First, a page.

Taiwan to Roll Out Infrastructure Spending
Taiwan to Roll Out Infrastructure Spending

Taiwan to Roll Out Infrastructure Spending

Taiwan to Roll Out Infrastructure Spending

Taiwan will spur domestic demand with a mid- to long-term infrastructure development plan, President Tsai Ing-wen said, augmenting a more conservative spending proposal released this year.
“Next March, the cabinet will unveil a comprehensive, forward-looking infrastructure development plan as a blueprint,” Tsai, 60, said Saturday in a New Year’s Eve address and press briefing in Taipei, Bloomberg reported.
Tsai’s cabinet, led by Premier Lin Chuan, earlier proposed a budget that only included moderate increases to overall spending and about $6 billion for public-works outlays. As the economy stagnated, central bank governor, Perng Fai-nan, stressed the need for government investment in areas such as infrastructure while Lin was more focused on the deficit. The budget is still being debated in Taiwan’s legislature.
Tsai said Saturday that additional spending could be added to the budget for infrastructure development, or a special budget could be approved. The government will work to encourage private investment to follow suit, the president said.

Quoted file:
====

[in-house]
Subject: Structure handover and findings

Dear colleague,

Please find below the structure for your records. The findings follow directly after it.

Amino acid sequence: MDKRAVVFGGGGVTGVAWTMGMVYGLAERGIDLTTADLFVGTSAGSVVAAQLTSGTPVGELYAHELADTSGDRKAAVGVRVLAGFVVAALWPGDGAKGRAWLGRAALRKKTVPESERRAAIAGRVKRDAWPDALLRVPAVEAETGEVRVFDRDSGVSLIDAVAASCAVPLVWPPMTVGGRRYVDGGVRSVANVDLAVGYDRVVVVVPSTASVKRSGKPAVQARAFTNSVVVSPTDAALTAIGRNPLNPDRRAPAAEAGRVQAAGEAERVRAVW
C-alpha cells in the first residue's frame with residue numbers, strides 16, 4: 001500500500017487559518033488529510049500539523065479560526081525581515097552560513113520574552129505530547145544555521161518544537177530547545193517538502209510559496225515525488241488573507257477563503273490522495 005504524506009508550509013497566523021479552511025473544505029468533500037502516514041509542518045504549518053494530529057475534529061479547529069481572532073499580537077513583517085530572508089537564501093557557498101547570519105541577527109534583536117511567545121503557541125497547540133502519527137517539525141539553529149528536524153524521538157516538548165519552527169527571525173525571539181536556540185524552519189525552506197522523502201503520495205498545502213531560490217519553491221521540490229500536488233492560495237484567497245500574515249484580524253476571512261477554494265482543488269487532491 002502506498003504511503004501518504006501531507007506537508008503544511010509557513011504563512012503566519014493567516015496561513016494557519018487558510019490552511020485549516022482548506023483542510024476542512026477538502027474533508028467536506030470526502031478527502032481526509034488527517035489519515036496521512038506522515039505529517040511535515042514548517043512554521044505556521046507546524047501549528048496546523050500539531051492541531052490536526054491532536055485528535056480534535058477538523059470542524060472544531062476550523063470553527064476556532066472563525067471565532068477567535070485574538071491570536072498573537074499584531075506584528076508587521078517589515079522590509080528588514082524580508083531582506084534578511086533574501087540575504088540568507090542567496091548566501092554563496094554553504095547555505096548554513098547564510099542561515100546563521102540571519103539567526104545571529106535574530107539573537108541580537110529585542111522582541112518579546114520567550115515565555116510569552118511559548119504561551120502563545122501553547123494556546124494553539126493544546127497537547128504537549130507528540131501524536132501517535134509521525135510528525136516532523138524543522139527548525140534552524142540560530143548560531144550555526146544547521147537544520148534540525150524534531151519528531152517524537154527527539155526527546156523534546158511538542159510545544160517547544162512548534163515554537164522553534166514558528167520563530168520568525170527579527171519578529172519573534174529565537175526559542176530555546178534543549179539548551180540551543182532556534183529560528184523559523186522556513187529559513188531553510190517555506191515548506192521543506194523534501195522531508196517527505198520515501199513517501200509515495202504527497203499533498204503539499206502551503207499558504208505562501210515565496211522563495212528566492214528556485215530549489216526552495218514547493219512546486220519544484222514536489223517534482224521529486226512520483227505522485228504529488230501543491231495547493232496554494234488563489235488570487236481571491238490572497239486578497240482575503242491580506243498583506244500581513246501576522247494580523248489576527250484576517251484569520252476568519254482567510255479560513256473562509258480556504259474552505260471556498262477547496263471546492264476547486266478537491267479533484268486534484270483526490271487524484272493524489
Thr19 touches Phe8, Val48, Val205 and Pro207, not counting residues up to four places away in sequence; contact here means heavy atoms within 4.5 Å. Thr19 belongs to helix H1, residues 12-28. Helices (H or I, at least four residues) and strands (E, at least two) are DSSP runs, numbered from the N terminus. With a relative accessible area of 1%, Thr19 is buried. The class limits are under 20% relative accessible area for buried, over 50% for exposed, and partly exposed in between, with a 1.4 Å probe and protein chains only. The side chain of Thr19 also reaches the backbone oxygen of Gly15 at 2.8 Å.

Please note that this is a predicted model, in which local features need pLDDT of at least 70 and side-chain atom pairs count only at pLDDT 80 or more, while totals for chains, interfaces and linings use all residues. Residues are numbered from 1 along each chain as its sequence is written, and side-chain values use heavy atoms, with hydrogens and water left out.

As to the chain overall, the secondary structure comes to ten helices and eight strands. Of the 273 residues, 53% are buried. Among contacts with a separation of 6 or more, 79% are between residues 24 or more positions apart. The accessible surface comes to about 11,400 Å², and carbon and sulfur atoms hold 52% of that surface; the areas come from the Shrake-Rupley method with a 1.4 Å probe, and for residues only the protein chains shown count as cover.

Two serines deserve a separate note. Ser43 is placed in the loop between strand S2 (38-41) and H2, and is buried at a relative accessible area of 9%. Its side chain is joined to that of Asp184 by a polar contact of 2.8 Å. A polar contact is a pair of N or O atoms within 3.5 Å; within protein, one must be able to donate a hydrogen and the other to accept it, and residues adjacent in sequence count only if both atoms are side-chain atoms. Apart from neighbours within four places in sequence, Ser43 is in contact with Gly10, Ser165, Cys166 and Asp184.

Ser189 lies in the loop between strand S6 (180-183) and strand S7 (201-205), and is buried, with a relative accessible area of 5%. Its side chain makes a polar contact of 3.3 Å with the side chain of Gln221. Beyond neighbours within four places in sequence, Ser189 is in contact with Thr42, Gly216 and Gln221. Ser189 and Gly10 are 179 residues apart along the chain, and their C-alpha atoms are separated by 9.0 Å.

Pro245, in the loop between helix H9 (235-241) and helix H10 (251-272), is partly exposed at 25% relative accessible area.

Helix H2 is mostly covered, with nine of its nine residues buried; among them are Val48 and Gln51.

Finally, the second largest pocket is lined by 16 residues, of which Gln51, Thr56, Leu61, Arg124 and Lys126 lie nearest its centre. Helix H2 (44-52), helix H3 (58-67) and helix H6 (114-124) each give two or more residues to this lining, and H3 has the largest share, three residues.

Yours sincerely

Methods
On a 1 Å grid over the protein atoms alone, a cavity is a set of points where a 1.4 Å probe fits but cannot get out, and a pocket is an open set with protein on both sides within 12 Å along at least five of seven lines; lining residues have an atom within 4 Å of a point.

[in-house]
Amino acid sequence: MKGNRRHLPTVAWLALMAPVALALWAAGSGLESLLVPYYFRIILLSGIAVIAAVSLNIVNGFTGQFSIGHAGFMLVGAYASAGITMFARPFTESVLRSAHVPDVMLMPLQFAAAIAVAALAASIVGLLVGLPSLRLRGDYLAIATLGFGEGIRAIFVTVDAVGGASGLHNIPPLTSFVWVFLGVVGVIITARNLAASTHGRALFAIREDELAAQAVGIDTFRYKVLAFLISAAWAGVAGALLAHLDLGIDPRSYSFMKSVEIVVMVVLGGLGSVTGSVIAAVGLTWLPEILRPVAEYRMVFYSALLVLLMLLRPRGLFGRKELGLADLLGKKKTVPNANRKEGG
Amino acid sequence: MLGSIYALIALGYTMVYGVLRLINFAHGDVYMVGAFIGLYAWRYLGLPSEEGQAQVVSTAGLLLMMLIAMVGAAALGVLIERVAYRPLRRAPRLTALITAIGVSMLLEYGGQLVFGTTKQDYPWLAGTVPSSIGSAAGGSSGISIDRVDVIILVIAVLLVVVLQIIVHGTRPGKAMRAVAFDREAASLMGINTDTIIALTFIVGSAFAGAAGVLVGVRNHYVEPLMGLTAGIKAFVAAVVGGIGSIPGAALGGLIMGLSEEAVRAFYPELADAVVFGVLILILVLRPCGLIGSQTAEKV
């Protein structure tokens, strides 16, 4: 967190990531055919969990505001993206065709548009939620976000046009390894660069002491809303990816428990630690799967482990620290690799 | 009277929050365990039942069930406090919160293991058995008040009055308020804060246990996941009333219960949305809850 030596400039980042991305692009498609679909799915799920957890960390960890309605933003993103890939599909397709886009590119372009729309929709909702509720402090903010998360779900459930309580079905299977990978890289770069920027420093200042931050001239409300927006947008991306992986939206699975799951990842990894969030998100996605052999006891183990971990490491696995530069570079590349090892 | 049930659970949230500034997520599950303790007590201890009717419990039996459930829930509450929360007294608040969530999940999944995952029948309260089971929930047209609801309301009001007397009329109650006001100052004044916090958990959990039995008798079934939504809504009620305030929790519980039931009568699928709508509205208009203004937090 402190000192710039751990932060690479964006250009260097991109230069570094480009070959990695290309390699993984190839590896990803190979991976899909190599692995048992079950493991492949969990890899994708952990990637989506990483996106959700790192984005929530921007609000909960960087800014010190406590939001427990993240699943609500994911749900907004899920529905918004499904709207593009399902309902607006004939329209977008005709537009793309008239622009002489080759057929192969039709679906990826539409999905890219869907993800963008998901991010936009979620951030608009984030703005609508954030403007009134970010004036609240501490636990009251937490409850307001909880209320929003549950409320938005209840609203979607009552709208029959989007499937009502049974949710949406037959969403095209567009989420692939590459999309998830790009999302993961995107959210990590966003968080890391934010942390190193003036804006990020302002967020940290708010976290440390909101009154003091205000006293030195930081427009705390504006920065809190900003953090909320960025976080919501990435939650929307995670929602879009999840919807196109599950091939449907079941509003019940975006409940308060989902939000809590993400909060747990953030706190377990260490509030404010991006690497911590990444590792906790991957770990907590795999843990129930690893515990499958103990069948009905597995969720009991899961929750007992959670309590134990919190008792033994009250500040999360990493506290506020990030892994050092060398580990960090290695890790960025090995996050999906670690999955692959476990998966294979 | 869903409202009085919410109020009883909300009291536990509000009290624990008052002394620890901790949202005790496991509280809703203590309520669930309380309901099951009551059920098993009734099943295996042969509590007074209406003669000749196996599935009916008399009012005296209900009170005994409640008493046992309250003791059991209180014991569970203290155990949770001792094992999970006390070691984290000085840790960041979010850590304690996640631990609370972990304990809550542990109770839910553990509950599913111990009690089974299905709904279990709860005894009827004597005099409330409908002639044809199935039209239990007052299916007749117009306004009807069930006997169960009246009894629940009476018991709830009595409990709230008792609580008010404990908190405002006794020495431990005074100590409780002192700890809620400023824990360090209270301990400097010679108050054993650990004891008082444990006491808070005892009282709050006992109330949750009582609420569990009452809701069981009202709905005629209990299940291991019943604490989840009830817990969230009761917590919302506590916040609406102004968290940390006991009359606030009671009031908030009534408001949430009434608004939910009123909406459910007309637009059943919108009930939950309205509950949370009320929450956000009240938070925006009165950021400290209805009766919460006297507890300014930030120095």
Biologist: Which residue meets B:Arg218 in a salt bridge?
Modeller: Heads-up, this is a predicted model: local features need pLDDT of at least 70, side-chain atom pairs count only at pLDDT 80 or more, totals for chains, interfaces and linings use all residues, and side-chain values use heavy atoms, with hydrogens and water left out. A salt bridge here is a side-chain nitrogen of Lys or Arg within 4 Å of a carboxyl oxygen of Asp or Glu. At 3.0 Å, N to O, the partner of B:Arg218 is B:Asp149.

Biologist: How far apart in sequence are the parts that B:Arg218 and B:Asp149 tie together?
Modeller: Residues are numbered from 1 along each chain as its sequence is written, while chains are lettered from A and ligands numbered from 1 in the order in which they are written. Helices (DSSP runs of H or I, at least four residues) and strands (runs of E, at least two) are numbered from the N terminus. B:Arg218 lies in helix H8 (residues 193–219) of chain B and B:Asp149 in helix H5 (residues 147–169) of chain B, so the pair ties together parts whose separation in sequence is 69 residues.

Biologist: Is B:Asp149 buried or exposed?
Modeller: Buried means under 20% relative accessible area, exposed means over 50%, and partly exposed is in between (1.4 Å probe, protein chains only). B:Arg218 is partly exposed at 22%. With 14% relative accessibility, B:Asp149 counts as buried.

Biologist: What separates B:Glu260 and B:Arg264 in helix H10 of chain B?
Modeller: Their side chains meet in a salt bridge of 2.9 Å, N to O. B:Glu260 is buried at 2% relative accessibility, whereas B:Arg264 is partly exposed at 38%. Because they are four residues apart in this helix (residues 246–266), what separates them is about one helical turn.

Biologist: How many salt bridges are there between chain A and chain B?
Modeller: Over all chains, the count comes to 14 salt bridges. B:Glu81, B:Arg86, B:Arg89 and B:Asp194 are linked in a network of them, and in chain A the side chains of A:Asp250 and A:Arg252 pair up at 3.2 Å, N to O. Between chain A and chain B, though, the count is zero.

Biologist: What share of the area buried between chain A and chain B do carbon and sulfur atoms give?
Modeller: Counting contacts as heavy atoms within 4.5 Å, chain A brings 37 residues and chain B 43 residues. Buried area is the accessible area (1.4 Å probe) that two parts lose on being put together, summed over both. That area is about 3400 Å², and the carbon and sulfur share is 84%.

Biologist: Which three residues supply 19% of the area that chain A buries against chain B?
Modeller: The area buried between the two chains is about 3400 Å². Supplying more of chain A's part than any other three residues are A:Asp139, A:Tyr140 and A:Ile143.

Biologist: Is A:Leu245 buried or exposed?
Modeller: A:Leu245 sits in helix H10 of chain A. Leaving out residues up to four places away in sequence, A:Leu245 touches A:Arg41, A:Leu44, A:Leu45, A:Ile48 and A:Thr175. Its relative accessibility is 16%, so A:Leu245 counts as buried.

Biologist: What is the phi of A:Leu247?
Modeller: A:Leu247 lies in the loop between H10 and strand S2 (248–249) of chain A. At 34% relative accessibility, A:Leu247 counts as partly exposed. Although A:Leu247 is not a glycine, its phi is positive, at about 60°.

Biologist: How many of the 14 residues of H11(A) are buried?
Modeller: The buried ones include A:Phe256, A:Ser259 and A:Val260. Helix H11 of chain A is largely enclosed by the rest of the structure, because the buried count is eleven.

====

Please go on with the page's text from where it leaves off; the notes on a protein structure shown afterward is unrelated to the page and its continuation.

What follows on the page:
“The most important mission in 2017 is to stimulate Taiwan’s economy by all means,” she said.
Taiwan’s economy was set to grow by 1.35% in 2016 and 1.87% in 2017, the government forecast in November. The central bank kept its benchmark interest rate unchanged in December and predicted mild economic growth in 2017. A new iPhone model may bolster Taiwanese electronics makers while rising oil prices will boost exports of petrochemical products, according to economists.
Relations with Taiwan’s biggest export destination, mainland China, became increasingly strained over the course of 2016 and in particular, after a Dec. 2 congratulatory phone call between US president-elect Donald Trump and Tsai, which broke with protocol under the US’s One-China policy.


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